The Brooklyn Nets and the NBA haven’t been the only ones trying to navigate the chaos that COVID had created over the last month and a half. Just 30 miles east at the Nassau Coliseum, the Long Island Nets have had to begin their season under unique circumstances.
As COVID wreaked havoc on NBA rosters, including the Brooklyn Nets, teams turned to the G League to help fill out their rosters as the Association trudged through with their games. That has created some wackiness of its own for G League teams, like the Long Island Nets, who have felt the impact of so many players being called up to the NBA level.
“It’s unusual. It’s a new challenge,” Long Island Nets coach Adam Caporn said. “There’s strengths too. We’ve got veterans that have come in here and shared some of their experiences. It’s a challenge to get your team cohesive and that’s perhaps why our defense was a step behind. … I think generally our guys have handled it well. They’ve been focused, they’ve rolled with some punches and have been working.”
He added: “It’s also just a good challenge. We got some different bodies in and tried some different things and I think for the most part we’ve sort of done a good job of not giving up too much frustration energy. It’s been unusual, a lot of teams are going through it and we just rolled with it.”
While the roster flux can create a bit of a headache for coaches, the positive of it all has been the number of players getting opportunities at the NBA level has been historic.
About 100 players who did not have their rights owned by an NBA team accounted for 108 call-ups, Marc Stein recently reported. That surprised a 2014-15 record when the G League had 63 separate call-ups involving 47 players.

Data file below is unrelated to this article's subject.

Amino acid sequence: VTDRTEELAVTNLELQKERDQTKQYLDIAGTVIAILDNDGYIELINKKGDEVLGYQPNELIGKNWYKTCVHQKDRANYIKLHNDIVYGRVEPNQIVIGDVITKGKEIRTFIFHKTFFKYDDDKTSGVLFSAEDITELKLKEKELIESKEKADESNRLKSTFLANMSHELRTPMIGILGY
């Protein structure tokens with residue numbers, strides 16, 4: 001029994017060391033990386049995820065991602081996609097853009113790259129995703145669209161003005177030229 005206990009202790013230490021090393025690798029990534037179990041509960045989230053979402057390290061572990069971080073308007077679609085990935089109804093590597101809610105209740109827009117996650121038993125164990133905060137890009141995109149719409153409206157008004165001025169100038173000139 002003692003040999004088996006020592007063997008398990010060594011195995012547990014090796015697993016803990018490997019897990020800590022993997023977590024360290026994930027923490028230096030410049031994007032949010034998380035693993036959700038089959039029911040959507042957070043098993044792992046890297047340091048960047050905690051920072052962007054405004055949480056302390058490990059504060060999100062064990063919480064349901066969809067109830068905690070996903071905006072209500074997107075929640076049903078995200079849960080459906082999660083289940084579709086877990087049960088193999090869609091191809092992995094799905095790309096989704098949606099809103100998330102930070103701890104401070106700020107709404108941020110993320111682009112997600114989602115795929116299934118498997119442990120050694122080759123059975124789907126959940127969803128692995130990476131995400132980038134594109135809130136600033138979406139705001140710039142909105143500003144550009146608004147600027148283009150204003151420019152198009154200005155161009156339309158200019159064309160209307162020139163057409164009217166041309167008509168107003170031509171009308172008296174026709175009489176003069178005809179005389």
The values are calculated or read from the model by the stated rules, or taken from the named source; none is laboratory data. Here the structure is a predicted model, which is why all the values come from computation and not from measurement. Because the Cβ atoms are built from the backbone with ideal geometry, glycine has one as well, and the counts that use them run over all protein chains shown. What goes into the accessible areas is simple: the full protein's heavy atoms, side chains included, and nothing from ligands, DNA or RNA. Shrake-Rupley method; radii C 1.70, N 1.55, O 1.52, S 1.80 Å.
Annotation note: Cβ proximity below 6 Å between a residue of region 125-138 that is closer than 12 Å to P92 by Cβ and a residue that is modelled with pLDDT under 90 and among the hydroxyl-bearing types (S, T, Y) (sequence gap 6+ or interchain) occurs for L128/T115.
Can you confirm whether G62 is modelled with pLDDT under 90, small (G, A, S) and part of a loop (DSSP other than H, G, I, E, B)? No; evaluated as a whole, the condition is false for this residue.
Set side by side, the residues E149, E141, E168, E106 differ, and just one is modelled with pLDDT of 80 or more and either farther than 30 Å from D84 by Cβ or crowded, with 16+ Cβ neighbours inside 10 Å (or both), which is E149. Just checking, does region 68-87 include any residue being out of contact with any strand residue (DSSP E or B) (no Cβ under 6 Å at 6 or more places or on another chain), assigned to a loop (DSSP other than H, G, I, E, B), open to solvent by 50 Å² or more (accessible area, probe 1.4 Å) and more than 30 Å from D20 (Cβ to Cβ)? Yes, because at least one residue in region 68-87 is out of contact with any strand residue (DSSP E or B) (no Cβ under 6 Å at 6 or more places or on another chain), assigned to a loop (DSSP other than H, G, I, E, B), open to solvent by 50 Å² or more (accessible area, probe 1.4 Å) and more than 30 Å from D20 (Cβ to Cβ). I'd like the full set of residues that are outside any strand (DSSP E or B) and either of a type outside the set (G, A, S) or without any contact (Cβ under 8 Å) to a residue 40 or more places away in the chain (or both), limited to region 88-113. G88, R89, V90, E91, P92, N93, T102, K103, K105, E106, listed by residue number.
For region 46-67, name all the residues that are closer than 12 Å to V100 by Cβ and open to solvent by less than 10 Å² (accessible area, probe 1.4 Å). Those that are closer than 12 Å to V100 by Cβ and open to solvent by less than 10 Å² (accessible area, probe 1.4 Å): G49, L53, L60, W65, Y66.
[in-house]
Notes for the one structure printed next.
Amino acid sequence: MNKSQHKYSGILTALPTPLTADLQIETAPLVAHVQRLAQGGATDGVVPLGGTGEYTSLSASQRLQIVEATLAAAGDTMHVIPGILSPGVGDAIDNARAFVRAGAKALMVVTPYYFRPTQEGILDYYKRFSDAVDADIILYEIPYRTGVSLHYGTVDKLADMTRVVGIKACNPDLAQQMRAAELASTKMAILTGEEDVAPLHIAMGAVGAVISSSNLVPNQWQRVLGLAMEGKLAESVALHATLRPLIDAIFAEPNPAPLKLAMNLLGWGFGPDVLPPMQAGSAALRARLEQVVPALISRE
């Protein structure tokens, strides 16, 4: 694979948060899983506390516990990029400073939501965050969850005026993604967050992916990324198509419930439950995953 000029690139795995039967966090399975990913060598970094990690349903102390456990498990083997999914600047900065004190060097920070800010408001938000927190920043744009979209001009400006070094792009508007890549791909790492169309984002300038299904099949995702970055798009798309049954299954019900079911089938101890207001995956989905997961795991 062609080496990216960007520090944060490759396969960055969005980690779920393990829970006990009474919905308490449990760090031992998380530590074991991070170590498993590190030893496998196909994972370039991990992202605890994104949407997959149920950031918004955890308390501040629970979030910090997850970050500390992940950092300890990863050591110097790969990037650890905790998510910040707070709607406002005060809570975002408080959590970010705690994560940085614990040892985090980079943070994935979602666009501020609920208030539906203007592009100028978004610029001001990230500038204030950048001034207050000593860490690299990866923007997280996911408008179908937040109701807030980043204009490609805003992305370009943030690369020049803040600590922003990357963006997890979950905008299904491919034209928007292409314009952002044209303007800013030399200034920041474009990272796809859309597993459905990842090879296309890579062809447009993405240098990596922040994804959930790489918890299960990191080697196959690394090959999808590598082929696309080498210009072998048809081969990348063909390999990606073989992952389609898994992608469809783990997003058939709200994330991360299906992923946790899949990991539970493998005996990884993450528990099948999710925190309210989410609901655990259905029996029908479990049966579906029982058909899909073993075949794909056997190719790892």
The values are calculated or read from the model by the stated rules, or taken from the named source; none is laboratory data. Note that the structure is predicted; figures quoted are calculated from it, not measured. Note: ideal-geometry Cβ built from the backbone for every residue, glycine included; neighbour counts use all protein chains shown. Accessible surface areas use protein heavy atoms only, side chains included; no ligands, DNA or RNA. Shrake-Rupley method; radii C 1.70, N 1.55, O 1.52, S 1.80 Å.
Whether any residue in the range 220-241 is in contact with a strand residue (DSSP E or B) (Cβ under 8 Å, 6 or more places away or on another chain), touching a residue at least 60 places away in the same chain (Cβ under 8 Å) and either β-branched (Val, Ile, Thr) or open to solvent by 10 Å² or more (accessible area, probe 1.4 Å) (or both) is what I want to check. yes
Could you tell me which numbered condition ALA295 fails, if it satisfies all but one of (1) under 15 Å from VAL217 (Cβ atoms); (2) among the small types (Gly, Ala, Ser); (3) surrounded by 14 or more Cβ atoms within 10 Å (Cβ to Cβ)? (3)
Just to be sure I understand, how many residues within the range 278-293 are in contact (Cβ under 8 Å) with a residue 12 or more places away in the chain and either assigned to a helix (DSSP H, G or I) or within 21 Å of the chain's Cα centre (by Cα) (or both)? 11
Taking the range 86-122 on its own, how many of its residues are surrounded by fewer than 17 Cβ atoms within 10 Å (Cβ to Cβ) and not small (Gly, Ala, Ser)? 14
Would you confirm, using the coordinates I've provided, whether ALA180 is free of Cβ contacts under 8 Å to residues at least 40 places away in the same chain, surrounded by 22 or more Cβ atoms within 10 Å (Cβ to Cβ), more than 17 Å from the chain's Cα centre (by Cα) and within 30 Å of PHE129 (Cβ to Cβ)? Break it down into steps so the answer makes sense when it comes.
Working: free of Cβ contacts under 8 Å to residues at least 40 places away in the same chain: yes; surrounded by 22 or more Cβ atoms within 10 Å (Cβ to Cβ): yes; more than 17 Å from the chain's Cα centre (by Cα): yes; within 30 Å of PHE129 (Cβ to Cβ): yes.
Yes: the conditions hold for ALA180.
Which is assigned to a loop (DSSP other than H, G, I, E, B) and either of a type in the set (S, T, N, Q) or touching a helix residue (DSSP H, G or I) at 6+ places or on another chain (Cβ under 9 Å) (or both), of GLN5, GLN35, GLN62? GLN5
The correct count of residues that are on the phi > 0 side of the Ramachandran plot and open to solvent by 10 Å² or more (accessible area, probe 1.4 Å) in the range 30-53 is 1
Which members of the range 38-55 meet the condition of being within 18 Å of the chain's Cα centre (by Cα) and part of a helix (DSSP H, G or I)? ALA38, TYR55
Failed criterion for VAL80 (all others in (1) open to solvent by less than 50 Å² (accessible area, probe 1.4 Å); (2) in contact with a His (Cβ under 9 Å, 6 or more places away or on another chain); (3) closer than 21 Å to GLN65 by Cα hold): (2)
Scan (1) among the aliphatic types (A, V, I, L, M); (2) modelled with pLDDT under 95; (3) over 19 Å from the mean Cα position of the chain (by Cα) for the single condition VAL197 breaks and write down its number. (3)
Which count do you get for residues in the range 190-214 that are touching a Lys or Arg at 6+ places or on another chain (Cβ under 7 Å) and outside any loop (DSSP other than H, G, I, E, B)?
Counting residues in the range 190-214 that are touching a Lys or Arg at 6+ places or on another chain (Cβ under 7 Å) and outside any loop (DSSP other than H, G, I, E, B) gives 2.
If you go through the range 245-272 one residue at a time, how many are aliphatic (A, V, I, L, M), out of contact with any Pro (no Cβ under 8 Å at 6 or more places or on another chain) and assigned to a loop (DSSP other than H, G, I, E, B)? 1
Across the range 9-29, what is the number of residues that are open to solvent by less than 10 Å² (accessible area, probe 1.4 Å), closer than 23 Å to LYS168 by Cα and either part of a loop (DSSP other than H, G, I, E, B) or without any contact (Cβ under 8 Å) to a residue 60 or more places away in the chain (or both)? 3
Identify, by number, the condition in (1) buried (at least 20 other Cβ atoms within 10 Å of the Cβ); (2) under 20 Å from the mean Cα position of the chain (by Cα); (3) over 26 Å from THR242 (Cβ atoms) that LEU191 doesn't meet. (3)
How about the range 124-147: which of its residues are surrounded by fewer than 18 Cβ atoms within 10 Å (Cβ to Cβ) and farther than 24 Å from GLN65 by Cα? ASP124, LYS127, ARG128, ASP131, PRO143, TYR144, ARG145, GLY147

The recent opportunities have created an added motivation for G Leaguers like Long Island Nets guard Craig Randall II, who was signed as a local tryout player. Randall has taken advantage of the chance he’s gotten in the lineup because others had been called up.
And he’s looked at the success rookies Kessler Edwards and David Duke Jr. have had in their chances with the Brooklyn Nets.
“It’s a lot of motivation,” Randall said. “It makes you feel like you just gotta keep listening, keep trusting, keep believing in what (the coaches) are saying and what they’re teaching. Coach (Capor) and everyone on the staff does a really good job of making sure we’re always ready. Just gotta keep buying in and just moving forward always do that.”
Caporn is still relatively new to the G League and said he didn’t have the needed perspective to comment on any shift towards the NBA and NBA G League’s relationship. However, he did praise the Brooklyn Nets and the way they’ve valued their G League affiliate.
“It’s a great thing to be a part of and to see a lot of guys get called up and get opportunities, and do well,” Caporn said. “What’s happened with the four guys that have spent time with us here and playing in Brooklyn and doing so well, it’s exciting to be a part of that. Celebrate it and it provides them with extra motivation. It feels real, it’s important. There’s a lot of good players here and some guys that will have some NBA careers and long professional careers.
“You’re excited to work with them and achieve their goals, but (also) help the Nets win some games and get better.”